LGBTIQ Inclusion

Corrective Rape
In 2008, a report by South Africa’s Human Rights Commission expressed alarm at the “growing phenomenon of ‘corrective’ rape” in schools across the country.121 The loaded term “corrective rape” refers to rape of gay women or men suspected of being gay as a form of “curing” them. Many question this terminology and seek to educate the media about the larger picture when covering this issue.122 'Corrective rape' has two dimensions: violence against women and homophobia. Campaigners say that 31 lesbians have been killed because of their sexuality in the past decade and more than ten lesbians per week are raped or gang-raped in Cape Town alone.123

In 2008, in the township of Kwathema, Eudy Similane was found dead – partially clothed, gang-raped, beaten and stabbed. Eudy played football for the South African national team Banyana Banyana and Springs Home Sweepers F.C. Those who knew her remembered her as talented, passionate and humble. She was a “voracious equality rights campaigner” and one of the first women to live openly as a lesbian in Kwathema.124

Individuals experience their sexual orientation and gender identity as fundamental pieces of who they are—each person’s expression and identity are deserving of respect.118 Protecting the human rights of Lesbian, Gay, Bisexual, Transgender, Intersex, Questioning (LGBTIQ) people around the world is a difficult task, but when it comes to young LGBTIQ people, there are even more challenges. In many countries young LGBTIQ people have little or no access to health services, protection against discrimination and violence, education and employment, and more. The lack of information and education on LGBTIQ issues among health staff combined with stigma and discrimination of LGBTIQ persons can have severe consequences on their SRHR. LGBTIQ persons many times lack access to health care that is adequately adjusted to their individual needs. Compounding the challenge are systems of patriarchy that making lesbians doubly repressed and at risk (as both women and sexual minorities), and this causes them to tend to hide their sexuality.119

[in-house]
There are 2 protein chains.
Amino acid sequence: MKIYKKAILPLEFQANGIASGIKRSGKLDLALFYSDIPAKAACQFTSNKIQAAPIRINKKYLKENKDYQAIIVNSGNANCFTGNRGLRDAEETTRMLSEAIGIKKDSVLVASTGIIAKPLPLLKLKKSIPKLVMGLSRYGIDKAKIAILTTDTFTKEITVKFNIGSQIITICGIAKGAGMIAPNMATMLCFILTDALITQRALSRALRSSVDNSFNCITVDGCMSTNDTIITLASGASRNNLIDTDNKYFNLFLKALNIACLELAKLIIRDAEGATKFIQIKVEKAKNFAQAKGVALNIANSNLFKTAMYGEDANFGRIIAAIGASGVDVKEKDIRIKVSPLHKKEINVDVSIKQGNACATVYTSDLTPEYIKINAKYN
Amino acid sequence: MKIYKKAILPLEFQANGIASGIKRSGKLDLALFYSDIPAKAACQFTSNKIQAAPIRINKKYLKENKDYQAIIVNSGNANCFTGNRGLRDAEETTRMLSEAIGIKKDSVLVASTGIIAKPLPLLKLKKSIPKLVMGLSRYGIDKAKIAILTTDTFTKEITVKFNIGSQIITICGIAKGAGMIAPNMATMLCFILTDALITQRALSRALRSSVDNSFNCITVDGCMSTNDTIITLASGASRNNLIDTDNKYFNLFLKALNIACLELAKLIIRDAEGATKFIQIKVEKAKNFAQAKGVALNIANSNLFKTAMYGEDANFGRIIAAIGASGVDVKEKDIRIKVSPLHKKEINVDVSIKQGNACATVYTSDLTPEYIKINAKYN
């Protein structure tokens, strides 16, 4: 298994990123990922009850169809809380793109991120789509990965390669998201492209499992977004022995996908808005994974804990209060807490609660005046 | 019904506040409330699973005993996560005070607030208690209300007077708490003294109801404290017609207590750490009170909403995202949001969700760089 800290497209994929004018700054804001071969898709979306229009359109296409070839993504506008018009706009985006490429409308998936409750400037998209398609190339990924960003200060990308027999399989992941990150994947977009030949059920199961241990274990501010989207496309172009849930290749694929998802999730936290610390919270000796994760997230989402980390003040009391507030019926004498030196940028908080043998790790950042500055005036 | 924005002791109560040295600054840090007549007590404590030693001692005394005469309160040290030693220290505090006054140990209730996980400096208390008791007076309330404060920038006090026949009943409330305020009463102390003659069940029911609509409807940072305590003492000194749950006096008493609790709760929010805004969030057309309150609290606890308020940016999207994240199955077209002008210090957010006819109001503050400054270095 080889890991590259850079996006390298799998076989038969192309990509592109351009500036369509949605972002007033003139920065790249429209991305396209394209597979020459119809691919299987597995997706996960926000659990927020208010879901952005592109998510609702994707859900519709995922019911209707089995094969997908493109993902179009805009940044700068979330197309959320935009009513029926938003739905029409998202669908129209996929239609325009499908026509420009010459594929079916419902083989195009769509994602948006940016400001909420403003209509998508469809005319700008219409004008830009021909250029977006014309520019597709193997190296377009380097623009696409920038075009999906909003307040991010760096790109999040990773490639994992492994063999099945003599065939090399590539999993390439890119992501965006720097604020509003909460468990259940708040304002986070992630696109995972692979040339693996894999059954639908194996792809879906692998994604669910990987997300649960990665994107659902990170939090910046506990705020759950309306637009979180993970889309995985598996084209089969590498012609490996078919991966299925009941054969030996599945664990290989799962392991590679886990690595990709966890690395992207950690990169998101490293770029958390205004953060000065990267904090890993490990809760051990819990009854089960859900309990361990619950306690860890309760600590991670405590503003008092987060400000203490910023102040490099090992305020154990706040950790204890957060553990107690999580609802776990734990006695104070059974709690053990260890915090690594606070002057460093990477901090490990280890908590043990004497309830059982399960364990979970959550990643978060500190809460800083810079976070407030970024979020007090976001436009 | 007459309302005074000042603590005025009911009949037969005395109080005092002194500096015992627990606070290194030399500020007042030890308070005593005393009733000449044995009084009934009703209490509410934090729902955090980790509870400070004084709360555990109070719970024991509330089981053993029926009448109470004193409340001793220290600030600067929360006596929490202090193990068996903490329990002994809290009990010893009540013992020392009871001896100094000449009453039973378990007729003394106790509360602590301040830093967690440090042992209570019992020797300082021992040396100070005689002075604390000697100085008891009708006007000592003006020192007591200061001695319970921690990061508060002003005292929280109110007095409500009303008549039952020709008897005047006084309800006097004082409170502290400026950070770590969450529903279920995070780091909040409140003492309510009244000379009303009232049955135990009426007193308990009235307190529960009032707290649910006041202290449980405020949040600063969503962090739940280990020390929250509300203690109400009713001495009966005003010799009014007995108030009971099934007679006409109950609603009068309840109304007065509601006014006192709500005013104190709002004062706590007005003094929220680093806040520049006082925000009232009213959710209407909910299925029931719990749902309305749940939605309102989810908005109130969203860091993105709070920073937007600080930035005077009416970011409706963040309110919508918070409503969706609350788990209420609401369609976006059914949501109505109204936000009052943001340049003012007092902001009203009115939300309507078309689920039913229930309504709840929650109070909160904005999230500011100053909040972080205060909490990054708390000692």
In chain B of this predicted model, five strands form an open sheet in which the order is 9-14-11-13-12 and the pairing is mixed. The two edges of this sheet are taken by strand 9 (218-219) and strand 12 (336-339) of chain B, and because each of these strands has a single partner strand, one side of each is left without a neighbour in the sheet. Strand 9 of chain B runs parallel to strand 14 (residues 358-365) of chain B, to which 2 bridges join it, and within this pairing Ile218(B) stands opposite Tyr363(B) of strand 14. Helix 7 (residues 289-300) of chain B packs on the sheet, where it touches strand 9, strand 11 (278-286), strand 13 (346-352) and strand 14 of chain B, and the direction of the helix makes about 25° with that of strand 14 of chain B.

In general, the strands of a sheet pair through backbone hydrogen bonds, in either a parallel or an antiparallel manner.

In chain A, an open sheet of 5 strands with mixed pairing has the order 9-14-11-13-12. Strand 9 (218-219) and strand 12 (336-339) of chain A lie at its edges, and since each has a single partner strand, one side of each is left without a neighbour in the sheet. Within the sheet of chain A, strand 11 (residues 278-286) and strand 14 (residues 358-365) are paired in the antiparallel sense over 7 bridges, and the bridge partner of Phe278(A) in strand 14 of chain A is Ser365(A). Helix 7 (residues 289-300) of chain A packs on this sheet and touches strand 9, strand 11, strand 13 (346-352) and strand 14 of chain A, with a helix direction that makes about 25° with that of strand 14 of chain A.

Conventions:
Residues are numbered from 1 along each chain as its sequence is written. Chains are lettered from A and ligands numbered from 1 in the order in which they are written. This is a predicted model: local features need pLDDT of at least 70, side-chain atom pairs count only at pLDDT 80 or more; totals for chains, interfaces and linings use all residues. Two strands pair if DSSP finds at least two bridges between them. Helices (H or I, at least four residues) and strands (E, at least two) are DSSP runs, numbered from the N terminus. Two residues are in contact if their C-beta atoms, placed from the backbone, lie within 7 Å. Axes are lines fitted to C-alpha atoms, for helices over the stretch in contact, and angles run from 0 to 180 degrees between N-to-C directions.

Laws and policies are critical foundations for protection of sexual diversity. It is still against the law to be openly homosexual in many countries. However, cultural shift towards inclusion is of critical importance. Negative public attitudes towards homosexuality go hand in hand with a broader pattern of discrimination, violence, hatred, and extreme prejudice against people known or assumed to be lesbian, gay, and transgender, or those who violate gender and sexual norms in appearance or conduct (such as women playing soccer, dressing in a masculine manner, and refusing to date men120).

Work done with young people through programmes and interventions can help educate and create safe spaces for all participants, regardless of sexual orientation or gender identity. LGBTIQ people need services that address their health and are contextualised to their unique experience. Service providers often place judgement on LGBTIQ youth who attempt to access the SRHR services and information they require. In some cases, health service providers violate the right to confidentiality of LGBTIQ young people, thereby putting them at risk for public forms of discrimination, stigma and violence.